Failed Wellington mayoral candidate Paul Eagle says 'everyone voted on party lines'

6:43 am on 9 October 2022
Wellington mayoral candidates Tory Whanau, Andy Foster and Paul Eagle.

Paul Eagle (right) was a leading mayoral candidate in Wellington, but he came in fourth behind incumbent mayor Tory Whanau (left), sitting mayor Andy Foster (centre) and Ray Chung (not pictured). Photo: RNZ / Supplied

Unsuccessful Wellington mayoral candidate Paul Eagle says his centrist campaign foundered because votes split along party lines, while the outgoing mayor leaves after 30 years at the council table.

Green Party affiliated Tory Whanau won the chains easily, with preliminary results putting her 16,000 votes ahead of nearest rival the sitting mayor Andy Foster, and far ahead of Eagle in fourth who got 10,000 votes.

First time contender Ray Chung clinched a healthy third place, and was elected to the Wharangi/Onslow-Western ward.

Eagle concedes he had the wrong strategy.

Despite his Labour affiliation he ran as an independent and said he tried to position himself in the political centre bringing both sides together.

"It's really funny I heard lots through the campaign 'we need to get rid of the party politics in local government'.

"What the results show me is everyone voted on party lines. You had red and green people voting a clear left, and blue people voting a clear right."

Eagle said Wellington has spoken but he remained the MP for Rongotai.

He said he would not stand down, and had not made any decisions about his future yet.

"We've got [Parliament] recess at the moment, and I've talked to the prime minister and deputy prime minister and I'll, look when I get back to Parliament that will give me a good week to think about things."

He would talk to the party, his family and supporters before deciding if he would run again for the seat, he said.

See local body election results in other regions

Foster bows out after 30 years in local politics

Wellington's former mayor Andy Foster leaves local politics after three decades at the city council.

Foster said he loved his time on council, and had to deal with a number of significant challenges as mayor including ageing pipe infrastructure, the Covid pandemic, and the Parliament protests.

He said he was proud with the council response that saw the city come out the other side in good shape.

Wellington had transformed from a grey public service city to one that had been recognised as one of the best places to live during his time at the council, Foster said.

"I am particularly proud of the transformation of our natural environment.

"We've gone from an environmental desert to the world leader in environmental restoration and biodiversity.

"We now have easily the highest levels of walking, cycling, and public transport use in New Zealand.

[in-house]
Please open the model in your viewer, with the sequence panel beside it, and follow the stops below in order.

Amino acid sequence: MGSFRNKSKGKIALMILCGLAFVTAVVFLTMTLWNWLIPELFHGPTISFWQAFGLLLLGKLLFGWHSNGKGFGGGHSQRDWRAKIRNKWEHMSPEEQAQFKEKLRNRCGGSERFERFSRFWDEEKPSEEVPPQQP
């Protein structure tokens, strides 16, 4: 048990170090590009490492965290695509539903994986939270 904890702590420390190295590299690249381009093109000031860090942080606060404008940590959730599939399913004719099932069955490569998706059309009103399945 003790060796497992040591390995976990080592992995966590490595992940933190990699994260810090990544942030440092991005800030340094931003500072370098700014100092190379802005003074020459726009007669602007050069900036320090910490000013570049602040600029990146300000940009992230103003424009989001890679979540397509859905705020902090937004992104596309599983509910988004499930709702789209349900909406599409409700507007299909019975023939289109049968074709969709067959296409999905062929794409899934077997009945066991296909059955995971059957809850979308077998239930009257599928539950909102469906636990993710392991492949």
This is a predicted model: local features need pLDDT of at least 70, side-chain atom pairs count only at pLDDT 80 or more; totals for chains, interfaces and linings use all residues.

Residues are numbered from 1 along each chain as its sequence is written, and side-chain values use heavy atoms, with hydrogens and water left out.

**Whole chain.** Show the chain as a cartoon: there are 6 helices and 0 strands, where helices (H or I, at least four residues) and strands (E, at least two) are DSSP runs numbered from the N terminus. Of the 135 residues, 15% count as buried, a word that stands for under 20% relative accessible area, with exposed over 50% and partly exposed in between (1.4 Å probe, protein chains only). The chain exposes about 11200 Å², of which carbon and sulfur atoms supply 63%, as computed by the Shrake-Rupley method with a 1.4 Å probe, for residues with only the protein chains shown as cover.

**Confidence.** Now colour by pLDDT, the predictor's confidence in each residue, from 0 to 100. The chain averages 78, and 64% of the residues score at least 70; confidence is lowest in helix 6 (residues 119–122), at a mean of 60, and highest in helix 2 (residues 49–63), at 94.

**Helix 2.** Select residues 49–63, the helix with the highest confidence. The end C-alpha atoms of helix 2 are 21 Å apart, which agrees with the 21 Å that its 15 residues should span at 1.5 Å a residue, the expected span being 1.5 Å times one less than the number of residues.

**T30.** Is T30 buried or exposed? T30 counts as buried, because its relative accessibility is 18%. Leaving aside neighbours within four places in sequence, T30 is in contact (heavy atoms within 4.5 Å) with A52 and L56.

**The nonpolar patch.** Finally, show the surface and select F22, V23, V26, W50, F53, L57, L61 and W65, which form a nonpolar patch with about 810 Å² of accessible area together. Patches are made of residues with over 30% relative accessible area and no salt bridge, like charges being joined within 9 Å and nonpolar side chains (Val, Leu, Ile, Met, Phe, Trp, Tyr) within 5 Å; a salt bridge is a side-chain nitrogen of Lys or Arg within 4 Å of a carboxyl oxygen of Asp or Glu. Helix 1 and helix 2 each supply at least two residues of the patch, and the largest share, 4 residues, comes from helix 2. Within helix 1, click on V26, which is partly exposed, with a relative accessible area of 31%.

"I'm proud to have led on the early development of cycleways, on the bikes in schools programme and all our bus priority works to date.

"Most important of all I want to thank my wife Ann and our children Brendon and Ella. They have given up so much over so many years.

"Only political families know the toll that politics takes. I look forward to spending more time together."

Wellington Mayor Andy Foster

Outgoing mayor Andy Foster said during his time in council Wellington had transformed from a grey public service city to one that had been recognised as one of the best places to live. Photo: RNZ /Dom Thomas

'The future is bright ... and I know you feel it too'

Wellington's new mayor Tory Whanau has laid out a progressive vision for the city.

Whanau told about 150 supporters at a Green Party celebration last night that the future was bright.

"We will also create a better city for our local businesses where they will be able to attract from all over, backed up by our awesome public transport system.

"Our walkable streets, our vibrant laneways, and of course where the living wage is the norm.

"The future is bright, I feel it and I know you feel it too."

New Wellington mayor Tory Whanau speaks after winning the mayoral race.

New Wellington mayor Tory Whanau speaks after winning the mayoral race (file picture). Photo: RNZ / Hamish Cardwell

New councillors but left bloc likely controls new council

There are several new faces at the Wellington City Council table, but preliminary results show it appears to have retained its broadly left-wing majority.

Takapū/Northern Ward has three first time councillors: Ben McNulty who is affiliated with the Labour Party, Tony Randle an independent, and John Apanowicz who owns a financial consultancy.

In the Wharangi/Onslow-Western ward, new independent Ray Chung won on a platform of cutting wasteful spending.

Tim Brown won in Motukairangi/Eastern General Ward and wants more spending on housing, public transport and water.

Nureddin Abdurahman is new to the Paekawakawa/Southern General Ward, and Matthew Raweti took the Māori ward seat - both Labour candidates.

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